In accordance with exemplary and non-limiting embodiments, a FOD sensor may be realized using a small wire loop 202 as shown in FIG. 2. Such a sensor may be placed on or near the resonators used for wireless energy transfer. During operation, a wireless energy transfer system may generate a magnetic field that may pass through the loop. The loop may develop a voltage proportional to the amount of magnetic flux threading the inside of the loop 208. In some embodiments, a voltage induced in a loop may be less than 5V. In another embodiment, a voltage induced in a loop may be less than 10V. If, for example, a chewing gum wrapper is placed so that it partially covers the loop and/or or deflects and/or absorbs magnetic flux near the loop, then the voltage developed by the loop may change and the change in voltage may be detected and determined to indicate the presence of FOD. In embodiments, a conducting loop may be used to indicate the presence of FOD in a wireless power transfer system.

In accordance with exemplary and non-limiting embodiments, a FOD sensor may be realized using two small wire loops 202, 204 as shown in FIG. 2. Such a sensor may be placed on or near the resonators used for wireless energy transfer. During operation, a wireless energy transfer system may generate a magnetic field that may pass through the two loops. Each individual loop may develop a voltage proportional to the amount of time-varying magnetic flux threading the inside of each loop 206, 208. The difference between the voltages developed by the two loops may be, to first order, proportional to the gradient of the magnetic field in proximity to the loops. If the two loops are placed in a region of substantially uniform field and the loops are substantially similar, then the difference between the magnitudes of the voltages developed by the two loops may be very small. If, for example, a chewing gum wrapper is placed so that it partially covers one of the loops but not the other, then the difference in voltage developed by the two loops may be larger than when the wrapper was not present because the metallic foil of the gum wrapper may deflect or/or absorb some of the magnetic flux that would have normally passed through that loop. In some embodiments, the magnetic flux passing through a loop may be less than 6*10−6 T·m−2.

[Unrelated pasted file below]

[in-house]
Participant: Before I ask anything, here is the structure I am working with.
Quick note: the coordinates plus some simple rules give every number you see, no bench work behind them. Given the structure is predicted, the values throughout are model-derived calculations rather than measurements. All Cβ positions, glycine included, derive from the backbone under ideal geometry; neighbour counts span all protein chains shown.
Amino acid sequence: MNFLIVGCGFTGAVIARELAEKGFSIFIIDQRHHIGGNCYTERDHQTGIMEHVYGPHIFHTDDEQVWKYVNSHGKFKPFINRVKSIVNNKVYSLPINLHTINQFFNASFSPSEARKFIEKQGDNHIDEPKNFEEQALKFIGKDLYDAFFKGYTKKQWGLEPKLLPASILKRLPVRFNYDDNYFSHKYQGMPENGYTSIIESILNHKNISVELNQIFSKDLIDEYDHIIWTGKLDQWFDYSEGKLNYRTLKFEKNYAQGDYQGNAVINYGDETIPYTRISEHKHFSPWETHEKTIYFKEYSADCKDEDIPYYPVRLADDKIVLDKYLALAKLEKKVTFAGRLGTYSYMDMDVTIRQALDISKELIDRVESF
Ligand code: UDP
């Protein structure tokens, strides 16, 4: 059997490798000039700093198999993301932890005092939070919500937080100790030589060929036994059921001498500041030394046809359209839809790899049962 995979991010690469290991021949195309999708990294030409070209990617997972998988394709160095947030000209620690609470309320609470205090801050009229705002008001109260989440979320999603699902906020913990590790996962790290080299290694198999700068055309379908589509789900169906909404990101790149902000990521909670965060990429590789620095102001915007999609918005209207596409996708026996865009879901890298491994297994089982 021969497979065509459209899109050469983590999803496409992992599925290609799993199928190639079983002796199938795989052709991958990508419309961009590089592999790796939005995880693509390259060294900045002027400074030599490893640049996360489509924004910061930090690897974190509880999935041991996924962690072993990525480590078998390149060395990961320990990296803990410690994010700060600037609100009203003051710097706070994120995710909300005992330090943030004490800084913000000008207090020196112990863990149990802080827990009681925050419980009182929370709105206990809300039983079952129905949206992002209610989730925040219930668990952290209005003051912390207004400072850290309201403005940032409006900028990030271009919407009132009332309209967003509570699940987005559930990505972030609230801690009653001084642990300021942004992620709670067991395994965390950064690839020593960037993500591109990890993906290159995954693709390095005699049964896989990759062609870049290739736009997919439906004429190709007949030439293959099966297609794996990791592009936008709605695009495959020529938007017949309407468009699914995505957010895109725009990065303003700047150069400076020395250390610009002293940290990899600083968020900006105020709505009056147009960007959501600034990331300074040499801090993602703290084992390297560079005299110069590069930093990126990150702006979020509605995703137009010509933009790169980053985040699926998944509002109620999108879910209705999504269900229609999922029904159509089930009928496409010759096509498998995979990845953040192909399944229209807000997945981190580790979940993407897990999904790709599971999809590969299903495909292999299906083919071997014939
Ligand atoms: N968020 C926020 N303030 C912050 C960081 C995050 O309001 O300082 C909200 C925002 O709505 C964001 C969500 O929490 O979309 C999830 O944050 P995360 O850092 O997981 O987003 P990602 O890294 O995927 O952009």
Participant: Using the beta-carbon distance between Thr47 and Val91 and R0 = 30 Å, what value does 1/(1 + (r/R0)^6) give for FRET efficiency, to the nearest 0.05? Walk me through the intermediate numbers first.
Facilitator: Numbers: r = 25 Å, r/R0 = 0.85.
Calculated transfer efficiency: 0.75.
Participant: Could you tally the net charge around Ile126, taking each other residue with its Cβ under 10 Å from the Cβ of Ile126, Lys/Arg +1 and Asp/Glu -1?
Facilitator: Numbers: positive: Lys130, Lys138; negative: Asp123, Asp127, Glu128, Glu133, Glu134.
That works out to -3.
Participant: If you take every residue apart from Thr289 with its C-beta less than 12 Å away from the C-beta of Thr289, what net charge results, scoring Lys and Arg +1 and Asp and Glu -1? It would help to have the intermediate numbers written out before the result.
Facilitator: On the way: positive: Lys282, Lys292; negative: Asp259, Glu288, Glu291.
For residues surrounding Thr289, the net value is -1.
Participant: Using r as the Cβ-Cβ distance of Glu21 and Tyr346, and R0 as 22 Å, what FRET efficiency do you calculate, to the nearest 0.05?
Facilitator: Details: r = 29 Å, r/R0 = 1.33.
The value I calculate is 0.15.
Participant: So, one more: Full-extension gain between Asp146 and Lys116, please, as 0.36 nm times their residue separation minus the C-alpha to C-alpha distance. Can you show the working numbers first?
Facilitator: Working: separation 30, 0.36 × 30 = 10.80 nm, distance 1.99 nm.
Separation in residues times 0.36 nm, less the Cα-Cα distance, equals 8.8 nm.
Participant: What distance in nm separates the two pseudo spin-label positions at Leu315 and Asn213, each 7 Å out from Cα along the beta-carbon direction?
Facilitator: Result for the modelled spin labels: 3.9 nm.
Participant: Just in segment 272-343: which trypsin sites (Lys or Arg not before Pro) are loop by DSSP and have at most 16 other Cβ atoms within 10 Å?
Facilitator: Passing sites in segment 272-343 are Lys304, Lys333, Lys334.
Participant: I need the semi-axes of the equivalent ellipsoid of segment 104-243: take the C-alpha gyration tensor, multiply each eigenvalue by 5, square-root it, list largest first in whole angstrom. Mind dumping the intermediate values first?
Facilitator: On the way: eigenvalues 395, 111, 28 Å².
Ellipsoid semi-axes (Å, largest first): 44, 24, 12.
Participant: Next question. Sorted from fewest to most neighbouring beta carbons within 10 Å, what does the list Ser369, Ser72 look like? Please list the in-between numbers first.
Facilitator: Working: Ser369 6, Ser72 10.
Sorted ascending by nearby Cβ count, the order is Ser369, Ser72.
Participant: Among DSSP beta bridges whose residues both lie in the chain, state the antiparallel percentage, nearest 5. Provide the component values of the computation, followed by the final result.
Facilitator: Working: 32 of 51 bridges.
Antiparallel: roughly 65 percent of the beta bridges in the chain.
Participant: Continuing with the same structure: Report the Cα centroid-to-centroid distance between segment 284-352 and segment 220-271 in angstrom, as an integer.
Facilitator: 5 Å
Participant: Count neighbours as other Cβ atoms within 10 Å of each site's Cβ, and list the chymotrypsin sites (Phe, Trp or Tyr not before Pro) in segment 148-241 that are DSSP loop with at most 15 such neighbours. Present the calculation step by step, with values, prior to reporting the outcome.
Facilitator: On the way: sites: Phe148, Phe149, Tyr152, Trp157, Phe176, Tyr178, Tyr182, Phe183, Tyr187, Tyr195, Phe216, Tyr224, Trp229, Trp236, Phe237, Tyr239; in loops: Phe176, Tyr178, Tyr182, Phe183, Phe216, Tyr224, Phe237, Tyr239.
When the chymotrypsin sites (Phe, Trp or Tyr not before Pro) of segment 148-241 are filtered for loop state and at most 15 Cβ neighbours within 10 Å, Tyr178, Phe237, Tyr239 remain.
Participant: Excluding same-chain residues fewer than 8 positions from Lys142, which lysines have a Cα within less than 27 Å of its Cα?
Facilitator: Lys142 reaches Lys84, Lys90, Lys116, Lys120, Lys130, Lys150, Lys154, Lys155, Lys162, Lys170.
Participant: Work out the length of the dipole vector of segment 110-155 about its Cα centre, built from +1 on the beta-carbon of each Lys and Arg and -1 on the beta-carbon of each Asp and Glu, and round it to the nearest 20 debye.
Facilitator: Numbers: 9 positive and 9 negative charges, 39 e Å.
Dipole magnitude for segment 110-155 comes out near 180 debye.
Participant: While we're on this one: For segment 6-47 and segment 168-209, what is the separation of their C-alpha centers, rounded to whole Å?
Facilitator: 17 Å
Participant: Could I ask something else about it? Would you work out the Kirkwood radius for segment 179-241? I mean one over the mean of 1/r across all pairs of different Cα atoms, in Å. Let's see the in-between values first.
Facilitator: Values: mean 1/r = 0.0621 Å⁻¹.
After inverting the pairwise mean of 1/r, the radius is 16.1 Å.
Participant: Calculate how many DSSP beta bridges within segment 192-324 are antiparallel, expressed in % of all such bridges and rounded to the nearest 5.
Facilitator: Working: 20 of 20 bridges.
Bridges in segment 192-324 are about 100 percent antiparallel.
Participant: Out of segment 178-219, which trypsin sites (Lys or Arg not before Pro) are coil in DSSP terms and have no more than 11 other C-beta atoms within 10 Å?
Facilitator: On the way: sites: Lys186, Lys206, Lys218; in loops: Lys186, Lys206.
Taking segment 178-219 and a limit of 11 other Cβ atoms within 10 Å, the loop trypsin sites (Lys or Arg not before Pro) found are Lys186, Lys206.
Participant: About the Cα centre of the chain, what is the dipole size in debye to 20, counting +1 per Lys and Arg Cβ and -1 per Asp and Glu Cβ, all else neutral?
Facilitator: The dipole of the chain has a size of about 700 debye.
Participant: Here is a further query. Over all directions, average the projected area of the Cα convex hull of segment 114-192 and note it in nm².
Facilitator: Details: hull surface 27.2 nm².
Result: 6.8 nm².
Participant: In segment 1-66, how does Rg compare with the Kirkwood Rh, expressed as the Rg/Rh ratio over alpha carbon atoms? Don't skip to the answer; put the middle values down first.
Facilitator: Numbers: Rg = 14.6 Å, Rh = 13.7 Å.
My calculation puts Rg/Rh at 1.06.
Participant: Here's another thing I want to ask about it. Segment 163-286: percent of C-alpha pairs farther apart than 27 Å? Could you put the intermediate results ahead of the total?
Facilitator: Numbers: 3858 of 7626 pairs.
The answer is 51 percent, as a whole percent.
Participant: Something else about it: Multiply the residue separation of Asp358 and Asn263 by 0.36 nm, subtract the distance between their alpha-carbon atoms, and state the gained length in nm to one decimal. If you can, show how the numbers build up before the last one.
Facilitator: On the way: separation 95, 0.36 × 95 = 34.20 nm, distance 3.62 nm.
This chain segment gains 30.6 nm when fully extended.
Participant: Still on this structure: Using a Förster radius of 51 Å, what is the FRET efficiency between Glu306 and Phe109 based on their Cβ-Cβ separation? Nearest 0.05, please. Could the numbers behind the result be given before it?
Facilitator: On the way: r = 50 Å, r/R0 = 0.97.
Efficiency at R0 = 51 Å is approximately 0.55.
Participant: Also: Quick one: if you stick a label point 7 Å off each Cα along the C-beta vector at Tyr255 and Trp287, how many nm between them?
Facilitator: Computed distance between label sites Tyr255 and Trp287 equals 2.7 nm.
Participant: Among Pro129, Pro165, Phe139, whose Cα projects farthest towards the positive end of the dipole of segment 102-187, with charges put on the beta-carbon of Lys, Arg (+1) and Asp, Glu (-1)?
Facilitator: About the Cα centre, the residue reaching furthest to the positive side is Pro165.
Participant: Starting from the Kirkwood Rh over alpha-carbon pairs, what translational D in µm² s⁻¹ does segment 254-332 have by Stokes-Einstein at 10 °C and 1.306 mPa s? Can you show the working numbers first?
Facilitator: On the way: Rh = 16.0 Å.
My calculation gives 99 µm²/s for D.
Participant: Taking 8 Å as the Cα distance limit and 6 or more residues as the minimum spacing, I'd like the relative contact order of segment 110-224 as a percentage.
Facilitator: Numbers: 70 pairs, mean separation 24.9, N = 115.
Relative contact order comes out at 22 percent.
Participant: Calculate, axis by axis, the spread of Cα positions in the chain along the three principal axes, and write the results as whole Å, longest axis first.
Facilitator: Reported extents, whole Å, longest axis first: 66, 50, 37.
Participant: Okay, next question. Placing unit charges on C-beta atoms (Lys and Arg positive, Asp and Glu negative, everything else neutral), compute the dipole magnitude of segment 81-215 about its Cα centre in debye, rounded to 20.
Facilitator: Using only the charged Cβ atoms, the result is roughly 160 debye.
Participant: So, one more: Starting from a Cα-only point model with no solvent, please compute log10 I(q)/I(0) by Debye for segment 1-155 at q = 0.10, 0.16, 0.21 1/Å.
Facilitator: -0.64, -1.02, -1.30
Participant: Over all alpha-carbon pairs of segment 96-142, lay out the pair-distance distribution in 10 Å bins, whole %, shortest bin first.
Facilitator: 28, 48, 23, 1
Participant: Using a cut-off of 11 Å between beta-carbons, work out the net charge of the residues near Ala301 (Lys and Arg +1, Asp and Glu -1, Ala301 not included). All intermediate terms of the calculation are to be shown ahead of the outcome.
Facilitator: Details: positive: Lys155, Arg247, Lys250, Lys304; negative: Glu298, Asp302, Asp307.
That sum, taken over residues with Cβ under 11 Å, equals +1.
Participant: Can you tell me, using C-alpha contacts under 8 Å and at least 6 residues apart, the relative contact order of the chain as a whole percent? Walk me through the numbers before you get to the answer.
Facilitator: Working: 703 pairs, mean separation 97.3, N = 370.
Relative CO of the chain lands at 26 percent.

In embodiments, the output signals developed by the two loops may be subtracted from each other so that the structure formed by the combination of the loops produces a small signal when the sensed field is substantially uniform, and a measurably larger signal when there is a gradient in the field between the two loops. When the loops and/or coils are configured to generate a signal in the presence of a field gradient and/or a non-uniform or substantially non-uniform field, they may be referred to as being arranged as a gradiometer. Note the signals from different loops may be subtracted using analog circuitry, digital circuitry, processors, comparators, and the like. Note that the loops may be connected together in a specific configuration, such as in a FIG. 8 configuration, so that the voltage induced by the magnetic field crossing the surface area of one of the loops is approximately equal and opposite to the voltage induced by the magnetic field crossing the area of one of the other loops in the sensor. The sensitivity of the sensor and/or gradiometer may be related to the magnitude and/or phase of the voltage difference between the two loops.

Note that a so-called “FIG. 8” conducting loop may be formed by taking one large conducting loop, pinching it in the middle so that the one large loop forms two approximately equal-sized smaller loops, and then twisting one loop relative to the other by 180 degrees, or an odd multiple of 180 degrees. In embodiments, the FIG. 8 conducting loops may be realized using any type of conducting traces including, but not limited to, wire, Litz wire, conducting tubing, PCB traces, conducting inks, gels, paints, ribbons and the like.

In accordance with exemplary and non-limiting embodiments, the sensitivity of the loop and/or coil and/or sensor and/or gradiometer may be adjusted to preferentially detect objects of a given size, or above a given size. The sensitivity may be adjusted to reduce false detection rates, to lower the noise of a detection system, and/or to operate over a range of frequencies. In embodiments, the size and shape of the loops may be adjusted to adjust the sensitivity of the sensor. For example, the loops of a sensor may be smaller to lower background signals and to improve sensitivity to smaller FOD. However, if the sensor loops are too small, some FOD may completely cover all the loops of the sensor, so that a signal may not be produced by the FOD. Such scenarios may be mitigated by using multiple FOD sensors and positioning them throughout the region where FOD should be detected. Then, even when one FOD sensor does not detect the FOD, it is likely that at least one other sensor will. In the example given above, the larger FOD may completely cover some sensors, but only partially cover others. The sensors that are partially covered may detect the FOD, and the system can be programmed to react appropriately. In embodiments, the loops may be adjusted to include more turns and/or to include additional loops, such as four loops, or eight loops for example. In embodiments, the loops may be positioned to have rotational symmetry or they may be arranged in a linear arrangement or they may be shaped to fill a region of any size and shape. In embodiments, the loops may be substantially two dimensional and in other embodiments that may be extended in a third dimension to improve performance. For example, loop sensors may be realized on a printed circuit board (PCB) and multiple loop sensors may be realized on one layer (or two to form the FIG. 8), or multiple loops sensors may be realized on more than two layers of a PCB.